Prospects for the 1998 wheat crop remain generally satisfactory. Recent above-normal temperatures have promoted rapid growth and development is ahead of normal in most parts. As of early June the winter wheat harvest was just beginning in southern parts. Aggregate (winter and spring) wheat output is officially forecast at 64.1 million tonnes, down 7 percent from 1997 but above the average of the past five years. The smaller output reflects an estimated 3 percent reduction expected in overall harvested area, and slightly lower yields after last year's record levels.
With regard to coarse grains, planting conditions have been generally favourable this spring and, as of early June, maize planting was reported to be virtually completed, slightly ahead of normal. Assuming yields are on trend, the 1998 maize output is expected to increase by about 4 percent. Aggregate 1998 coarse grains output in the United States is forecast at 270 million tonnes, compared to 265.6 million tonnes in 1997.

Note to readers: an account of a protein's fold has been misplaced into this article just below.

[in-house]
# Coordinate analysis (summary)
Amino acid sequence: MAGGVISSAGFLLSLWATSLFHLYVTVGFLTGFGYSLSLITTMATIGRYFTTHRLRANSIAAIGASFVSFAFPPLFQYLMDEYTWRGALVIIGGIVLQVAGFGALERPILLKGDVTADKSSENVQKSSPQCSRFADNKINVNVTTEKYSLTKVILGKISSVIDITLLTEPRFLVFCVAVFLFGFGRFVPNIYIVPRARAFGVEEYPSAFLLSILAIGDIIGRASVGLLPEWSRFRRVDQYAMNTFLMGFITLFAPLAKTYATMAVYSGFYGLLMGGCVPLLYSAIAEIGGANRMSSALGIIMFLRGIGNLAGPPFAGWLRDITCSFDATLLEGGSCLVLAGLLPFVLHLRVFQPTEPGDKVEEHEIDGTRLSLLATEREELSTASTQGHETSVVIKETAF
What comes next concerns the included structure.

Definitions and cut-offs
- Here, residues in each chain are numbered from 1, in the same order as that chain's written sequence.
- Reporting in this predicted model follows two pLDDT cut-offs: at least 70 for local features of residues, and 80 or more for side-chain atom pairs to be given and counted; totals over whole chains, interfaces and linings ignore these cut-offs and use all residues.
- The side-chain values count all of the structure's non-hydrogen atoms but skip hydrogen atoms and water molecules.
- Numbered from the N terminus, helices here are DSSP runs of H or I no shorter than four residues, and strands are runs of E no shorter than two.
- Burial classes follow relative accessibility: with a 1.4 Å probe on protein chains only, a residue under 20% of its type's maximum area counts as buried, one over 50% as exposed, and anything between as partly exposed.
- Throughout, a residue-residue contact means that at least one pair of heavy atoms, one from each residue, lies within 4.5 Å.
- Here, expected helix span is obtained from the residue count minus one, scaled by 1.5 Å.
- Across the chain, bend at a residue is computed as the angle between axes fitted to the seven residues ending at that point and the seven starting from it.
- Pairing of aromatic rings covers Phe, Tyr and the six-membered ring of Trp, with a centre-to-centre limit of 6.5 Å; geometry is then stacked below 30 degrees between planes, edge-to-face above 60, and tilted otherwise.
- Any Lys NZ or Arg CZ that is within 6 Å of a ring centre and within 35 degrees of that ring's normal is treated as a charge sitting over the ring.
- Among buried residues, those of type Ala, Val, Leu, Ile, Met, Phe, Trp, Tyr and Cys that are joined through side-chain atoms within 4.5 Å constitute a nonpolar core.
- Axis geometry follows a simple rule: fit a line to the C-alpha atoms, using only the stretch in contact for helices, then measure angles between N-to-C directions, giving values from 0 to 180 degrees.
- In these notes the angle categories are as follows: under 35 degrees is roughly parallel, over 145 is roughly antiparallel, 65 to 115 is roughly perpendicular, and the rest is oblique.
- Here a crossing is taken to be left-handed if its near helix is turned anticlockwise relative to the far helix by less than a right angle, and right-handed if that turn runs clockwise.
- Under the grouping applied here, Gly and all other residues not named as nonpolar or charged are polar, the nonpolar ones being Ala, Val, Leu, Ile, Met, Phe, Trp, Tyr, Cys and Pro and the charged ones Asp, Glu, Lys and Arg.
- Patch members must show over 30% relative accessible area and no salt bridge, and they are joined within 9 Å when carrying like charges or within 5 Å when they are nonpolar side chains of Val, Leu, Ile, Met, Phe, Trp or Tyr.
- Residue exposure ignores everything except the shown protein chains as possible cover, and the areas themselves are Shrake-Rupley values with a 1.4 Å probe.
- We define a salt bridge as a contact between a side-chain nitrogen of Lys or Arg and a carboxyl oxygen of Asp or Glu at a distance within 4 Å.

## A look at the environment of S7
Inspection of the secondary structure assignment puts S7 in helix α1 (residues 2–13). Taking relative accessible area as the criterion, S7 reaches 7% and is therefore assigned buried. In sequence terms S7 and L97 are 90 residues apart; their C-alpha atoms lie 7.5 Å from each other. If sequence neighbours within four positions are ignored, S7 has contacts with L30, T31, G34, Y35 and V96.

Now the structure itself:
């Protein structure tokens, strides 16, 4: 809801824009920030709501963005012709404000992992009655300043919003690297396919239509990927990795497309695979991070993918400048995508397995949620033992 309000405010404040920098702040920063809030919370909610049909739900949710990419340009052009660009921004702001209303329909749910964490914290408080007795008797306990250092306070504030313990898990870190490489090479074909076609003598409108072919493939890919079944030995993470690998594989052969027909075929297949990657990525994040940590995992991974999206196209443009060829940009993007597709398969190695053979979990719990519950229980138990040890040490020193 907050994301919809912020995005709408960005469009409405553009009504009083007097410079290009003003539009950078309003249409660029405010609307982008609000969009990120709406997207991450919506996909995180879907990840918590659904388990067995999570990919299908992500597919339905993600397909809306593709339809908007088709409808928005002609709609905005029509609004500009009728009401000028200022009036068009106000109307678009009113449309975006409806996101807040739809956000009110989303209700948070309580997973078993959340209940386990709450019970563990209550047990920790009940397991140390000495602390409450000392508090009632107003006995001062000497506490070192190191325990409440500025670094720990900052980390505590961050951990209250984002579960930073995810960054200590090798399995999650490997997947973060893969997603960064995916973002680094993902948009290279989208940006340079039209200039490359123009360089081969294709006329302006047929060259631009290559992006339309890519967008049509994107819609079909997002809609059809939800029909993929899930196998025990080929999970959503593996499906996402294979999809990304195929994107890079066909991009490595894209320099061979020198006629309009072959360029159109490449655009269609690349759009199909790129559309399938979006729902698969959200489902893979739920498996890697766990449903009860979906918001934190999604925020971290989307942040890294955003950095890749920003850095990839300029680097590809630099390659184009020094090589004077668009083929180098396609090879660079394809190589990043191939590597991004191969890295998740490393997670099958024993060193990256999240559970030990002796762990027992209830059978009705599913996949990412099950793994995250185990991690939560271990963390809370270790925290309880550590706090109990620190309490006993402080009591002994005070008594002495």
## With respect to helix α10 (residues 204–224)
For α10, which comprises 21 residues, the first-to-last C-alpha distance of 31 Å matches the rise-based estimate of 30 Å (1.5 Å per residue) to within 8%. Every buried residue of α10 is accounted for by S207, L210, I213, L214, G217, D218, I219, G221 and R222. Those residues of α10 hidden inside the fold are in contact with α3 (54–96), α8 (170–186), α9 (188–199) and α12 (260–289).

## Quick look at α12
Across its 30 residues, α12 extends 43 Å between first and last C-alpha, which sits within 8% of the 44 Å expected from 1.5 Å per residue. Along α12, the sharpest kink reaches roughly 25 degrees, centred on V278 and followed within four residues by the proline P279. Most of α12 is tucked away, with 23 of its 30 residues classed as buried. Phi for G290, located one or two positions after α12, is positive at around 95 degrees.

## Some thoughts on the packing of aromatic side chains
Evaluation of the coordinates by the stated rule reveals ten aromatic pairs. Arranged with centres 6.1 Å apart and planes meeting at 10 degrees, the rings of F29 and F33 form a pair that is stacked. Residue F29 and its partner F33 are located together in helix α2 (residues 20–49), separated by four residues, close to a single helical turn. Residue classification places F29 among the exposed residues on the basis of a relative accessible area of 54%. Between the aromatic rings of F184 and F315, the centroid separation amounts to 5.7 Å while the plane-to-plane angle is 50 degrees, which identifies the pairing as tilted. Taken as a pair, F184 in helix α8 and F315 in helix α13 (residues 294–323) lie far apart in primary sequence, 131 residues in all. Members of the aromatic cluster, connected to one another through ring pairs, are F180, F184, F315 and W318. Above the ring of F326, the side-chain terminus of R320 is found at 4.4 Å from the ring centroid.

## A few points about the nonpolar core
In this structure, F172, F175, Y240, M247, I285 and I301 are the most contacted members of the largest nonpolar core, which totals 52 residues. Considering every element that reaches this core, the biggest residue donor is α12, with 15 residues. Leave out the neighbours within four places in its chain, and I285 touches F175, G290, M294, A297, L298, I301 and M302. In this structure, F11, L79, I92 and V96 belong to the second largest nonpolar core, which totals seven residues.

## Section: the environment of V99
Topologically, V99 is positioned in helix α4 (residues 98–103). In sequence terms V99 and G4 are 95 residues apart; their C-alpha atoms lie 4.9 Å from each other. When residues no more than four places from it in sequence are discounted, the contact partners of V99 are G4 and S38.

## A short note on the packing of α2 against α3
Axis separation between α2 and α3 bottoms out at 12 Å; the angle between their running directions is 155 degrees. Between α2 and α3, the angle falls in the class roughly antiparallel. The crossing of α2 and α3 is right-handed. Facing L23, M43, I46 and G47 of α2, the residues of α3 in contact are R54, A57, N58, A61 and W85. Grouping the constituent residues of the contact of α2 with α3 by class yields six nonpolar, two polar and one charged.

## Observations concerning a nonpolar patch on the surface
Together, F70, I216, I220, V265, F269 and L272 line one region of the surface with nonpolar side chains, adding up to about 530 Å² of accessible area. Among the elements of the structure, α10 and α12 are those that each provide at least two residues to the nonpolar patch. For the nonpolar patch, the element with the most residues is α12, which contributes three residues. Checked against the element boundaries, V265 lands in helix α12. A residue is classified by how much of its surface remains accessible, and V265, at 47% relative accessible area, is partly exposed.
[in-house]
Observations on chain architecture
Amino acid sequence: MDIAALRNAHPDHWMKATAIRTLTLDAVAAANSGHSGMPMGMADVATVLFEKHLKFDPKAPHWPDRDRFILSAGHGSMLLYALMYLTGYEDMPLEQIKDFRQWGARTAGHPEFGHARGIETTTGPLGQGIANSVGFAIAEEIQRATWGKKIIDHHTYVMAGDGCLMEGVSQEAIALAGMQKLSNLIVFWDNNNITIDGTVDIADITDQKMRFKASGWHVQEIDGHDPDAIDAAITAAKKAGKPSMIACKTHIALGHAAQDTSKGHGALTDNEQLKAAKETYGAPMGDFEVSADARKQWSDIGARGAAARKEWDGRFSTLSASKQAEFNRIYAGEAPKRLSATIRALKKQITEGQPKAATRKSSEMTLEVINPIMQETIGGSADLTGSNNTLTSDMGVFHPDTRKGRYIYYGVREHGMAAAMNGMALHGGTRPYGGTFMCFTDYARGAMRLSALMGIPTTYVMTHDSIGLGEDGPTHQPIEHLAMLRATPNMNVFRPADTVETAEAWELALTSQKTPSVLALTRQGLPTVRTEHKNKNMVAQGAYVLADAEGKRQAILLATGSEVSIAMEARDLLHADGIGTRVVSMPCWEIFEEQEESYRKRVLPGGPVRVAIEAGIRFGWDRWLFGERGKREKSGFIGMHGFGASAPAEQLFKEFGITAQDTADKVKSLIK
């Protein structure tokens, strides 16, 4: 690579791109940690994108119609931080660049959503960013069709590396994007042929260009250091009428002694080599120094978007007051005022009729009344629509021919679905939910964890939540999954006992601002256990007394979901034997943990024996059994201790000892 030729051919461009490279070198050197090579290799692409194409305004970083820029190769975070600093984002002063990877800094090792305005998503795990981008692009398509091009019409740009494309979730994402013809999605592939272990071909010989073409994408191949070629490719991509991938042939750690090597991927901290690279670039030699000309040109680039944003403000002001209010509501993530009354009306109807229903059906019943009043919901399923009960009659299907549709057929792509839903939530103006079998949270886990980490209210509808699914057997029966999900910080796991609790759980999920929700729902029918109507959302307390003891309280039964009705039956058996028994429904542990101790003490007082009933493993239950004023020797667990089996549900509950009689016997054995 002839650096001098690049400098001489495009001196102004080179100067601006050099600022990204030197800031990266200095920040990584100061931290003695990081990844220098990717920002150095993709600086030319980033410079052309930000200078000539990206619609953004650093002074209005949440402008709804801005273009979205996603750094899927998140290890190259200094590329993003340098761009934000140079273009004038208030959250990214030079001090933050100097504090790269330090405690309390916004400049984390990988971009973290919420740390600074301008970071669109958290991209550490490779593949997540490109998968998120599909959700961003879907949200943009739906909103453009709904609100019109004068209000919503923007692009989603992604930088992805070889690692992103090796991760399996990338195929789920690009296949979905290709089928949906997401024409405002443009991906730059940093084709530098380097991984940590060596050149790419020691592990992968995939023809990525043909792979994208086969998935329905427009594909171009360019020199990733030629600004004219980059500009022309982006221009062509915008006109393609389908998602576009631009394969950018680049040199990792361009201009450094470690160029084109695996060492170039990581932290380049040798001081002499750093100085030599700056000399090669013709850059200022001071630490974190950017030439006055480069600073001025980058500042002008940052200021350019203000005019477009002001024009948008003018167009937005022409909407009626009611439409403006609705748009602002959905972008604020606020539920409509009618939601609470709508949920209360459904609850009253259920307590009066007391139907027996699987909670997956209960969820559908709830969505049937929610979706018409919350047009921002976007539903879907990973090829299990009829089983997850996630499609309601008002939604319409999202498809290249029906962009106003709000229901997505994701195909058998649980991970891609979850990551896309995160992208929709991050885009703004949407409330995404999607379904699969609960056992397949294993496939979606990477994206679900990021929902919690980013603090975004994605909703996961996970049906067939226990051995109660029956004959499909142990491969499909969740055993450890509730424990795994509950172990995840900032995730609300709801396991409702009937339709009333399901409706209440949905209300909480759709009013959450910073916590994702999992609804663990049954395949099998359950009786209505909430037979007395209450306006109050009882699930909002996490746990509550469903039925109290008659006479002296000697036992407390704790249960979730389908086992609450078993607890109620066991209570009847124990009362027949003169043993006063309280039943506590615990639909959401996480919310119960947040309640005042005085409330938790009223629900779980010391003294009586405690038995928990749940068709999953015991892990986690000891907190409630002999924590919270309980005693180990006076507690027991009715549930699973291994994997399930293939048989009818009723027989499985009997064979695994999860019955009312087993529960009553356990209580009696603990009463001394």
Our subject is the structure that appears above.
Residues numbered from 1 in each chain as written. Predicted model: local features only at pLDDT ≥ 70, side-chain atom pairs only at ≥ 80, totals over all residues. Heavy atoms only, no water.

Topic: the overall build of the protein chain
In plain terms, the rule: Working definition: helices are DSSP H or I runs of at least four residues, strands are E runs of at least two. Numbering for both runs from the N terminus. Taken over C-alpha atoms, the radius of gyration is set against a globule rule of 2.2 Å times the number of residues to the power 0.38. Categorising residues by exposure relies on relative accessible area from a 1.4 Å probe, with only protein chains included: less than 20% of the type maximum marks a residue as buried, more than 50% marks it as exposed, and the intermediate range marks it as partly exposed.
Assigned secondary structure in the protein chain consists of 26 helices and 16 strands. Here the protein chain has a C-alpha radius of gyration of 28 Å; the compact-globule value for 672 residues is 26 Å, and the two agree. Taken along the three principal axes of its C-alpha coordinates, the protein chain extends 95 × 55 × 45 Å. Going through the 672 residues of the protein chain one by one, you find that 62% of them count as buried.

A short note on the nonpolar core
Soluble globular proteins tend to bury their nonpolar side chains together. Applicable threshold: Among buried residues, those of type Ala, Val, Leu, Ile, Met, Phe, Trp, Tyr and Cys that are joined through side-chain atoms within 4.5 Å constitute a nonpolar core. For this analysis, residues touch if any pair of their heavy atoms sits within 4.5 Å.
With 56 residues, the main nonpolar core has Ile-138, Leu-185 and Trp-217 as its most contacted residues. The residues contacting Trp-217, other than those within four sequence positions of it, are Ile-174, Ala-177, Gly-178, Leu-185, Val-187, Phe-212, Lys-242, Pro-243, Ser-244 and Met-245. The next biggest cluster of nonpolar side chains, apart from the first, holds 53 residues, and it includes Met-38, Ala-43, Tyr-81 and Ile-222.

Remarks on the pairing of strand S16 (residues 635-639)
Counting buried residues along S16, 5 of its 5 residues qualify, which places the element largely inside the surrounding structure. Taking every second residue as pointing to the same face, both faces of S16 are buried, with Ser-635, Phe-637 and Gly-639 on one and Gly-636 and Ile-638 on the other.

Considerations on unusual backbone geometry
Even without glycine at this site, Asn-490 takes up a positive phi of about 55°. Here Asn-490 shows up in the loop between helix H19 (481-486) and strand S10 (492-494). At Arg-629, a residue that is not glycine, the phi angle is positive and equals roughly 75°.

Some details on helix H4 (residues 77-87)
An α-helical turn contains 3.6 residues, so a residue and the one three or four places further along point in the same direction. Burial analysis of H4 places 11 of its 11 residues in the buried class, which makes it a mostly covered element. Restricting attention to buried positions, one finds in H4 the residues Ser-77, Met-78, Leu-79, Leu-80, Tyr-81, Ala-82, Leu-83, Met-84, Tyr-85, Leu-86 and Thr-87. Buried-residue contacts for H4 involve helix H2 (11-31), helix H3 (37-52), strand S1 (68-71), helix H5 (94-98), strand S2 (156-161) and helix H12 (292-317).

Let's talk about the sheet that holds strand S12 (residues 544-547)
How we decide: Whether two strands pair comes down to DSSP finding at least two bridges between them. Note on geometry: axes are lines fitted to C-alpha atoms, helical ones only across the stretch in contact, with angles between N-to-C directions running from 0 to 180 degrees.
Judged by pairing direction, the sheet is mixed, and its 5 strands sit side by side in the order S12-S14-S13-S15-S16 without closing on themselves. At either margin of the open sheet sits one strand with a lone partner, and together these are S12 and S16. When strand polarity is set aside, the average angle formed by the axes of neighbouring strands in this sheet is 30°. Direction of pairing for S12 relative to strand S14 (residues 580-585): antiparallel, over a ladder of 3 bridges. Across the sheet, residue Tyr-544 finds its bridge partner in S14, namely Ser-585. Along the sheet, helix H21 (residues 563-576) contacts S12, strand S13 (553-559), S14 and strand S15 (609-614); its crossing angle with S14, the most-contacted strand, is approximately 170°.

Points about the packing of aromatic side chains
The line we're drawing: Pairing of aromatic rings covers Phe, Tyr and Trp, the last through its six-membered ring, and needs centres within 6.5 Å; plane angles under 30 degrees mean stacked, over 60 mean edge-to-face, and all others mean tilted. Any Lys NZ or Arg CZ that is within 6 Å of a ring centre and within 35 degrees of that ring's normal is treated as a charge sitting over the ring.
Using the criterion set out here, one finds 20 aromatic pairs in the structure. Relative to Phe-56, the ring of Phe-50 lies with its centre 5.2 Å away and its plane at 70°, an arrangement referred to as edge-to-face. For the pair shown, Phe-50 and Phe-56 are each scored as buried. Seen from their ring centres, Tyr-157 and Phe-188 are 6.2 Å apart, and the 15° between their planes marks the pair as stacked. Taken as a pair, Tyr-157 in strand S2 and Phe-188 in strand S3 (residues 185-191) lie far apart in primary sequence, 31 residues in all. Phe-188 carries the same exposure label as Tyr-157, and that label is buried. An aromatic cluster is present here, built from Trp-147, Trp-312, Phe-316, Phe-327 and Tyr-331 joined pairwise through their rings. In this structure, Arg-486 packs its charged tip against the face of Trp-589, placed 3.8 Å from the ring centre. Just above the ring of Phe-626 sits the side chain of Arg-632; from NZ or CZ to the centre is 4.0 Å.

Planting of the 1998 paddy crop is underway and a modest increase in area of about 1 percent from the previous year to 1.23 million hectares is forecast. Farmers in California, Louisiana and Missouri intend to plant more than in 1997, reflecting favourable rice prices relative to other crops, while the rice area in Mississippi and Arkansas is likely to remain unchanged. By contrast, area planted to rice in Texas is expected to continue its downward trend, reflecting the relatively high production costs in the state. Total paddy output is forecast to increase by about 2 percent from 1997 to 8.3 million tonnes.